|Addiction: The Hidden Epidemic by Pam Killeen|
|Written by Katherine Czapp|
|Wednesday, 19 January 2011 00:33|
Addiction: The Hidden Epidemic
It is a common belief that those who struggle with addictions, especially to alcohol or street drugs, suffer moral or character flaws that inevitably produce these behaviors. Perhaps more kindly, we might blame emotional or environmental stressors for leading these souls astray. Yet it is now possible to show that individuals struggling with addictionâ€”whether to alcohol, sugar, gambling, prescription drugs, or the internetâ€” have very clear and often severe biochemical imbalances. In other words, these people are terribly malnourished, and their â€śunhappy brainsâ€ť are merely seeking relief from otherwise constant misery through the outlet of their addictions. Nutritionally targeted therapiesâ€”as opposed to the familiar psycho-spiritual conventional programs for addiction recoveryâ€”have already demonstrated very impressive success rates and relieved many from years of suffering. Better yet, these newly healthy individuals tend to go on to lead productive, creative livesâ€”to their own, and societyâ€™s, benefit.
Pam Killen, a nutrition consultant, educator and author located in London, Ontario, has written Addiction: The Hidden Epidemic as a wake-up call to modern society. Killeen demonstrates that addictive behaviors and the mood disorders such as depression and anxiety that both precede and accompany them cut across all generations, incapacitate millions, make life miserable for countless families, and in general exert devastating effects on society at large.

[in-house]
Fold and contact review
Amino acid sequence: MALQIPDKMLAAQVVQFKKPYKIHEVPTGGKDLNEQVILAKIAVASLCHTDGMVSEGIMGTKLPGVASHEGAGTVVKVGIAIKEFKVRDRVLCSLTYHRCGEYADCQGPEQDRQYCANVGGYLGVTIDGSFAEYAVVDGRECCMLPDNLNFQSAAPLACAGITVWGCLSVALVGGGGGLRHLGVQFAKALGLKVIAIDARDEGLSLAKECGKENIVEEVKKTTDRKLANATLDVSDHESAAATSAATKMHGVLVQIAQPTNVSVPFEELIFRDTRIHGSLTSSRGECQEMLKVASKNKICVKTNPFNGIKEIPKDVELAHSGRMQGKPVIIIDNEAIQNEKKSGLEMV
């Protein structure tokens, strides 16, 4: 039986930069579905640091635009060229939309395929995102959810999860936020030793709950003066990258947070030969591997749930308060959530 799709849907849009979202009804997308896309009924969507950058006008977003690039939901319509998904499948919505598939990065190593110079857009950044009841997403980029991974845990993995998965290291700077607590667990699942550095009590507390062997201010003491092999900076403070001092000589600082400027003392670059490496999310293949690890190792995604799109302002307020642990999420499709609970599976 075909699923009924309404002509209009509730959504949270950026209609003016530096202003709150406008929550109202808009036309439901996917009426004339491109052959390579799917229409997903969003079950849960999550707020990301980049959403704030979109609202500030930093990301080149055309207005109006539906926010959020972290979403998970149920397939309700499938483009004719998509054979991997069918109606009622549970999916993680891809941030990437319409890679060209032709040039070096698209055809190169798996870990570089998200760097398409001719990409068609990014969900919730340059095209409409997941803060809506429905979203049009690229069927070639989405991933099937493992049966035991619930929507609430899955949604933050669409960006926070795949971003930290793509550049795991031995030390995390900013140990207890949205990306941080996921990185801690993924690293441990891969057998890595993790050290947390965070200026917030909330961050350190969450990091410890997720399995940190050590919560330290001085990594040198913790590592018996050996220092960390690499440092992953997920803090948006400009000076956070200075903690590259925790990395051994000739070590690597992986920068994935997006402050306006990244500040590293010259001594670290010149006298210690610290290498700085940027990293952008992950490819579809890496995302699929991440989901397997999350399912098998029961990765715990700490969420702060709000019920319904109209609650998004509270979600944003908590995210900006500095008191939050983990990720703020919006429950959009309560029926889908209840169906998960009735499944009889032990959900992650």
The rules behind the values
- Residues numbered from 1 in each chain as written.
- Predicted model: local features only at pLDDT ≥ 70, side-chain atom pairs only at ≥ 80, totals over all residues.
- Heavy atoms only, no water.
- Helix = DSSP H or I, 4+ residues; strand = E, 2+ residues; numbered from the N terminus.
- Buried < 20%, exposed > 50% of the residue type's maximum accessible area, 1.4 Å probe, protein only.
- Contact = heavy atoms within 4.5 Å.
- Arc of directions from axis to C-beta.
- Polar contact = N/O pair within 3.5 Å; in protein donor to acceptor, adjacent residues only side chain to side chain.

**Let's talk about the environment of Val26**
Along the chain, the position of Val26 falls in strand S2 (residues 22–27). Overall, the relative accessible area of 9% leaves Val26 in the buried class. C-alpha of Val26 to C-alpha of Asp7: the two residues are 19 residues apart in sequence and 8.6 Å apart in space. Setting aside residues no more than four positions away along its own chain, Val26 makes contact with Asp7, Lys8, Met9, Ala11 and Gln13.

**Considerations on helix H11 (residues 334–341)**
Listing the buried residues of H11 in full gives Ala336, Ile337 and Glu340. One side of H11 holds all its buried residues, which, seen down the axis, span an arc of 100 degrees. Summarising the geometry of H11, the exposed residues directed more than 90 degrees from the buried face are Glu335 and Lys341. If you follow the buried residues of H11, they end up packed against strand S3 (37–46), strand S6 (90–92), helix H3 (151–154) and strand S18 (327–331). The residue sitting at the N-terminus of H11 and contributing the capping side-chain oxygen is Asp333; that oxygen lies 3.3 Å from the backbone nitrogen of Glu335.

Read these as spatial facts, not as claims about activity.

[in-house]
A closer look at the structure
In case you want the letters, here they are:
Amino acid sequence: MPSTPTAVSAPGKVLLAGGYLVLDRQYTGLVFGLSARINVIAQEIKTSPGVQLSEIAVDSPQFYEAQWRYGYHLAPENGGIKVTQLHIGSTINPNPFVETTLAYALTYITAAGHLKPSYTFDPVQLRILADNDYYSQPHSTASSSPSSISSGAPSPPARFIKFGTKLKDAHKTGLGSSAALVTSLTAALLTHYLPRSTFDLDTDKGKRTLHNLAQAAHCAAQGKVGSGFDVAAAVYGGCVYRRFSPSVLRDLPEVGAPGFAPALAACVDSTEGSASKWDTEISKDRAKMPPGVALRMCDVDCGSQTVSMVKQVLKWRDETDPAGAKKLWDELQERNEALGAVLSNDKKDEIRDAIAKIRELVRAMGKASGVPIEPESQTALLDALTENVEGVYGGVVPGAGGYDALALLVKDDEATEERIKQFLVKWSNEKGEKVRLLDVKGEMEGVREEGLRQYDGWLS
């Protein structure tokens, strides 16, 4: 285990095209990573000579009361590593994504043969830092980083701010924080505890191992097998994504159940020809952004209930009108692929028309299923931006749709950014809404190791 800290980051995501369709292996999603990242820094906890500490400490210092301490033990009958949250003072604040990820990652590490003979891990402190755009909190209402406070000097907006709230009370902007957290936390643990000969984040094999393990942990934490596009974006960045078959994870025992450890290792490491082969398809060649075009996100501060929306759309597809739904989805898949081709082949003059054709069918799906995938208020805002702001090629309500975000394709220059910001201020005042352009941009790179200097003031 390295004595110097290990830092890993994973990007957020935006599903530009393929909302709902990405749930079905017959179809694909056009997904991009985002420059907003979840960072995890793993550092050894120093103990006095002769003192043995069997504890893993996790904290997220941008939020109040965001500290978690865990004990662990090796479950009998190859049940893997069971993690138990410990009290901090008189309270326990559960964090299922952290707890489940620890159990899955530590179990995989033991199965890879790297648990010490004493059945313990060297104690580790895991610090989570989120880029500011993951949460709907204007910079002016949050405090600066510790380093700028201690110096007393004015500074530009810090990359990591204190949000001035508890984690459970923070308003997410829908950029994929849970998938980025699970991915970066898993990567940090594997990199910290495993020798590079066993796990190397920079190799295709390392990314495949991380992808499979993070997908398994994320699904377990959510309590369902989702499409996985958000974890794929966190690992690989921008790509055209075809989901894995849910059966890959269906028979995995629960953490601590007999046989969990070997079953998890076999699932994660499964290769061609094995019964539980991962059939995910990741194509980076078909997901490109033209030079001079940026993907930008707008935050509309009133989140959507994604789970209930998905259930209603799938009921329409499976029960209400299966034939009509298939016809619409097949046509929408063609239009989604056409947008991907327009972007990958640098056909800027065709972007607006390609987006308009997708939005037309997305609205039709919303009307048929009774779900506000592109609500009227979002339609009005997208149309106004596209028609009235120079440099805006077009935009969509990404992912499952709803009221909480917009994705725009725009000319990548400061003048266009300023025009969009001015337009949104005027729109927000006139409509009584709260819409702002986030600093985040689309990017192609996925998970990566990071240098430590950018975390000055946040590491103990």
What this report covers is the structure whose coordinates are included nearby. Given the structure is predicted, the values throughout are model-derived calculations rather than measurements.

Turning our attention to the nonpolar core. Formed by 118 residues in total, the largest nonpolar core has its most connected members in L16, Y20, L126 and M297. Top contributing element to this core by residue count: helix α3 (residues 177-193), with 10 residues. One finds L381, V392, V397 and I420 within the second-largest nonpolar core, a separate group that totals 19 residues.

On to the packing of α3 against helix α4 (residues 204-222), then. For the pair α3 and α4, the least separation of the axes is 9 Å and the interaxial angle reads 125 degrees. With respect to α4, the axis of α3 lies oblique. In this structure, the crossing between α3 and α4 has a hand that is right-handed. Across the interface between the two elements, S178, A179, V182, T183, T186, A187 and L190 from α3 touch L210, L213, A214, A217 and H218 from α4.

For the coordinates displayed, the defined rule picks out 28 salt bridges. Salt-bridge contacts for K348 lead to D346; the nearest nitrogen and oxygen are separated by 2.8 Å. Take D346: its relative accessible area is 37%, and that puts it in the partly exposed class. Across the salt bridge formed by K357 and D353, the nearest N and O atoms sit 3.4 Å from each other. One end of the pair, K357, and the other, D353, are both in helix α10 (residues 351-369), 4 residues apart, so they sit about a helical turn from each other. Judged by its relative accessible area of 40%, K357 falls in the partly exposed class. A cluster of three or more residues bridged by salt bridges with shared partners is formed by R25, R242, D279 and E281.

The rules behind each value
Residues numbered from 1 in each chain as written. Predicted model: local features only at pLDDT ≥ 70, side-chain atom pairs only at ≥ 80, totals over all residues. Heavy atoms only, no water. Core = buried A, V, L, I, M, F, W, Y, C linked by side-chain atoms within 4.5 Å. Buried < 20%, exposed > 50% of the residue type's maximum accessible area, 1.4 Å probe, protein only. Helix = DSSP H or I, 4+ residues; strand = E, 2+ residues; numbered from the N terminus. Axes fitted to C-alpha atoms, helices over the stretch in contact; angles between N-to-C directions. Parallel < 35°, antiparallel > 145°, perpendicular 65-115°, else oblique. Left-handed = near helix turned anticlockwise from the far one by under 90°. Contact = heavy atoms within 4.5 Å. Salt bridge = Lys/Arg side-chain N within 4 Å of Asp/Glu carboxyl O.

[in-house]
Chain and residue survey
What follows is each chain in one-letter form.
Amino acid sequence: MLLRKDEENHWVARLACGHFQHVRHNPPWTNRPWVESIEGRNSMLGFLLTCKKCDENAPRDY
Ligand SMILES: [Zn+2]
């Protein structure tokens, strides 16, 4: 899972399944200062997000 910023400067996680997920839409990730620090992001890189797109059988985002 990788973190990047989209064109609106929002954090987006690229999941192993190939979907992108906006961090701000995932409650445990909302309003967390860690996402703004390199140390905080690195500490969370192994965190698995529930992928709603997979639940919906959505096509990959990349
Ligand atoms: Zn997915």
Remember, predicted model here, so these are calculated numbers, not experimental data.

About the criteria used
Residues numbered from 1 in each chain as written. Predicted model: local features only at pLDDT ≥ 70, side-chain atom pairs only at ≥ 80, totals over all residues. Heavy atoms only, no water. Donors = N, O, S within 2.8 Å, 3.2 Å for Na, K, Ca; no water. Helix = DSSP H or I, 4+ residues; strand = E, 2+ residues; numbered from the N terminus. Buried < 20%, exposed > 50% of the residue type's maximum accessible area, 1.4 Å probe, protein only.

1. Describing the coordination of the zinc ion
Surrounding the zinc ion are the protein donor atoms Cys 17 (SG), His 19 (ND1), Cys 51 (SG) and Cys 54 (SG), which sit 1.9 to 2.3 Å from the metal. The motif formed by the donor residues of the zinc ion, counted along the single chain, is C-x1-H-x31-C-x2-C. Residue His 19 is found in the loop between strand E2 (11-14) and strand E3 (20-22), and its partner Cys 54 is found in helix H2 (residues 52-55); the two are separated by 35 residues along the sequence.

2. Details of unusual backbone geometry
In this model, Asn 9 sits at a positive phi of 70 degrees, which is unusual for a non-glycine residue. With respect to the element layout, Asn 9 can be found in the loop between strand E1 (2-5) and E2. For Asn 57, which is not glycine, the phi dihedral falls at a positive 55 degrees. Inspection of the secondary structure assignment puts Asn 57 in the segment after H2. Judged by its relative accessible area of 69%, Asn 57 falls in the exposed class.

Killeen emphasizes the critical importance of animal fats for good physical and mental health and presents a historical perspective on their protective role in the diet by highlighting the work of nutritional researchers Dr. Weston A. Price, Sir Robert McCarrison, and Dr. Vilhjalmur Stefansson. She goes on to show that therapists who implement nutritional protocols in their treatment programs experience much higher recovery rates among their clients than conventional treatment programs.
Besides a paucity of good fats, the near hegemony of industrialized foodstuffs in the modern diet, devoid of nearly everything except sugar, salt, toxic oils, and devitalized flours, has helped to create an undernourished population primed for addiction, among other maladies. A culture of pervasive prescription drug use abets this nutritional wasteland. Killeen delineates the commonly missing nutrients that are absolutely vital for the health of the brain, and shows how treating malnourished individuals with these nutrients can liberate them from their compensatory addictions as they are restored to health.
Killeen provides insightful interviews with numerous researchers and therapists who treat psychiatric conditions with nutritional approaches, including the late Dr. Abram Hoffer, pioneer in orthomolecular (nutritional) medicine; Dr. Charles Gant, of the Alliance for Addiction Solutions; Julia Ross, a leader in the field of nutritional psychology; Dr. Natasha Campbell-McBride for her work with children, and many others. It seems clear that unless we develop more successful recovery strategies that address the central concern of nutrition, we will continue to see skyrocketing rates of mood disorders and addiction for generationsâ€”if we last that long. Since typical conventional therapies miss the nutritional and biochemical components behind mood disorders and addiction, we have no time to lose in integrating effective nutritional approaches into treatment programs. Killeenâ€™s book is full of supportive resources and is certain to be helpfulâ€”and truly hopefulâ€”to those who are suffering mood disorders and/or addiction or for those who love them.
This article appeared in Wise Traditions in Food, Farming and the Healing Arts, the quarterly magazine of the Weston A. Price Foundation, Winter 2010.
About the Reviewer
|Last Updated on Monday, 26 March 2012 19:13|